A recent study of a science grant application process at the Bill and Melinda Gates Foundation found male applicants received higher scores than women, even in a blind review. At the foundation’s request, a team from the U.S. National Bureau of Economic Research analyzed this imbalance and reported that factors like scientific discipline and position, publication record, and grant history were not factors — the main difference was in the language used in proposal titles and descriptions. According to their working paper, men were found to use more words described as “broad,” while women chose more words labelled “narrow.” The broader word choices were preferred, especially by male reviewers. But, as in most research relating to complex issues of sex, bias and language, the story is more nuanced.Read More
The Foundation for Gender Equality aims to foster opportunities and remove obstacles for women and girls facing inequity, and its latest initiative targets female survivors of violence and sexual abuse with a program that teaches them tech skills. The goal is to enable victims to go beyond simple survival to earning a living wage. The Westport, Connecticut-based non-profit, which was founded in 2016 by Richard and Jill Fitzburgh and Theresa Boylan, has partnered with Tech Up for Women to develop the “Give Back” program to achieve this goal.Read More
The Social Science Research Council (SSRC) has awarded its first round of “Social Media and Democracy Research Grants.” The 12 projects provide “systematic scholarly access to privacy-protected Facebook data to study the platform’s impact on democracy worldwide.” The SSRC is an independent, international nonprofit led by Alondra Nelson, a Columbia University Professor of Sociology and inaugural Dean of Social Science for the Faculty of Arts and Sciences.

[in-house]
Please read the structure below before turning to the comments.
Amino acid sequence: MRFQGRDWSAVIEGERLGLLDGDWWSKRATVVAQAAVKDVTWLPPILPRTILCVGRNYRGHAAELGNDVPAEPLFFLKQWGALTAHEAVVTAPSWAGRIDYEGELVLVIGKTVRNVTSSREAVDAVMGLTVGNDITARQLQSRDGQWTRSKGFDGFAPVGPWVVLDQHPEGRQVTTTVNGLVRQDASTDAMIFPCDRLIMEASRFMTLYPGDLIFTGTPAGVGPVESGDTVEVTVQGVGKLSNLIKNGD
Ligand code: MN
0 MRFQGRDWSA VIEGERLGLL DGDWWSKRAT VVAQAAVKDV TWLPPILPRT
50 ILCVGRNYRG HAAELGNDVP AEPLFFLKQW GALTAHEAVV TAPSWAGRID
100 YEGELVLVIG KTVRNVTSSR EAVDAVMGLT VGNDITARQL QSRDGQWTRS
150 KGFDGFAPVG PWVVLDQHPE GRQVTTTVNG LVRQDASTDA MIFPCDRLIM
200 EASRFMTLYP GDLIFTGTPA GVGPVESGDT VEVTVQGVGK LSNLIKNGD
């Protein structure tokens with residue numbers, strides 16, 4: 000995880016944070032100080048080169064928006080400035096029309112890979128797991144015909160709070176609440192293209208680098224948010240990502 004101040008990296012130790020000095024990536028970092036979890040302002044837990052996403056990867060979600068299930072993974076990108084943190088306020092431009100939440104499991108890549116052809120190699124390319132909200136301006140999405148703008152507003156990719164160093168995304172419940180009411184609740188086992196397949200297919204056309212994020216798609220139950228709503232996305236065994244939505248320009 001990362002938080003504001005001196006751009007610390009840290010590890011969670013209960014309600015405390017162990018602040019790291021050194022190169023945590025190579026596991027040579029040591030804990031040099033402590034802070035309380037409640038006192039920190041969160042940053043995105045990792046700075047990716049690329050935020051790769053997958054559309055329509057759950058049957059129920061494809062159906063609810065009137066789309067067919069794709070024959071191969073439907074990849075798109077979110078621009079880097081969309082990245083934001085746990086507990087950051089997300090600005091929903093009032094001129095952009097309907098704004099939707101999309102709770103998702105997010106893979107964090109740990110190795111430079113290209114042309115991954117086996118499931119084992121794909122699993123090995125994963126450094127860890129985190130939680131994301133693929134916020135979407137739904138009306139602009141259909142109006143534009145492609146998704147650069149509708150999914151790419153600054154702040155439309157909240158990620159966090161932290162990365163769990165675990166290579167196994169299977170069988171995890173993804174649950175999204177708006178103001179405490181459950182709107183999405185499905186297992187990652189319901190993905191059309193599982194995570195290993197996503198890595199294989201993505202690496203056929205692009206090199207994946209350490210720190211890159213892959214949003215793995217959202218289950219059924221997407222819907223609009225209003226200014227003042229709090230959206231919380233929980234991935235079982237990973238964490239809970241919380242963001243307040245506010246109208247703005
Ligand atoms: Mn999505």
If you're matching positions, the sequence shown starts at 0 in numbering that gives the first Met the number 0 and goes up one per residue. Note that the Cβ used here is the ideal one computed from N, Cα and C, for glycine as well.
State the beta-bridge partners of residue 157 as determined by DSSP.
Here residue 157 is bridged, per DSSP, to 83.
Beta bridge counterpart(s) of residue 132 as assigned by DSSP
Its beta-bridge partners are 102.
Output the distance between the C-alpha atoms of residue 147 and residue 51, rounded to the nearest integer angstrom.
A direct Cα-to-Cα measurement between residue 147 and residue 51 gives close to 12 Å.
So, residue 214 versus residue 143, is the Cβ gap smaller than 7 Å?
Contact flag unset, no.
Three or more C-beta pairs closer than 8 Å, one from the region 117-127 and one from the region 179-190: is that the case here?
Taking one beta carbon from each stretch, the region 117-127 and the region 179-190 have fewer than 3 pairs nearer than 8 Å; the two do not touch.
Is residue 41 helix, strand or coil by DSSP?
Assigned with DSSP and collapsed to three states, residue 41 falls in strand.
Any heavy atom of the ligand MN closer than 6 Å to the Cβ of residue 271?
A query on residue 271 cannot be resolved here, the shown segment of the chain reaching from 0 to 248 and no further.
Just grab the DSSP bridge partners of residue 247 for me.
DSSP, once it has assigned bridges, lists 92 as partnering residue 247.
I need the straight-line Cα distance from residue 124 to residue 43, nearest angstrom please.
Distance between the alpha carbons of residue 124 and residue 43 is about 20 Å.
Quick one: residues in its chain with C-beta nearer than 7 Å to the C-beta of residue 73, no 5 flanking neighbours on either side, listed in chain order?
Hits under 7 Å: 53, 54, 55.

Facebook data will be used by researchers to better understand the role of social media on politics and society, notably the spread of disinformation and fake news, and how social media users attach themselves to particular online narratives. Several of the projects analyze how social media has affected particular political events, including recent elections in Italy, Chile, and Germany, as well as public opinion in Taiwan. The projects also examine the relationship between Facebook and traditional news media, and delve into the complex question of what constitutes “fake news,” and how it can be distinguished from more fact-based reporting.Read More
The video game industry has long been thought of as a “boys’ club.” Even before August of 2014, when the events of Gamergate painted a horrible picture of the worst case scenarios for women in the games arena, representation of women in games and a lack of female game developers left much to be desired.
According to the International Game Developers Association, women make up 47% of the people playing video games, but only 22% of the people creating them. Likewise, women have been historically under- or misrepresented in games. Too often, female characters in games were (and still are) over-sexualized, cast as tired tropes like the “damsel in distress,” or used as reward fodder for gamers who would normally be expected to play males.Read More
As medicine becomes more aware of the need to pay attention to gender as a critical variable in health care, more initiatives are launching to provide this gender-based attention. We wrote recently about the American Cancer Society establishing ResearcHERS to bring more women into the fundraising and research on cancer, and do more to address gender issues in treatment.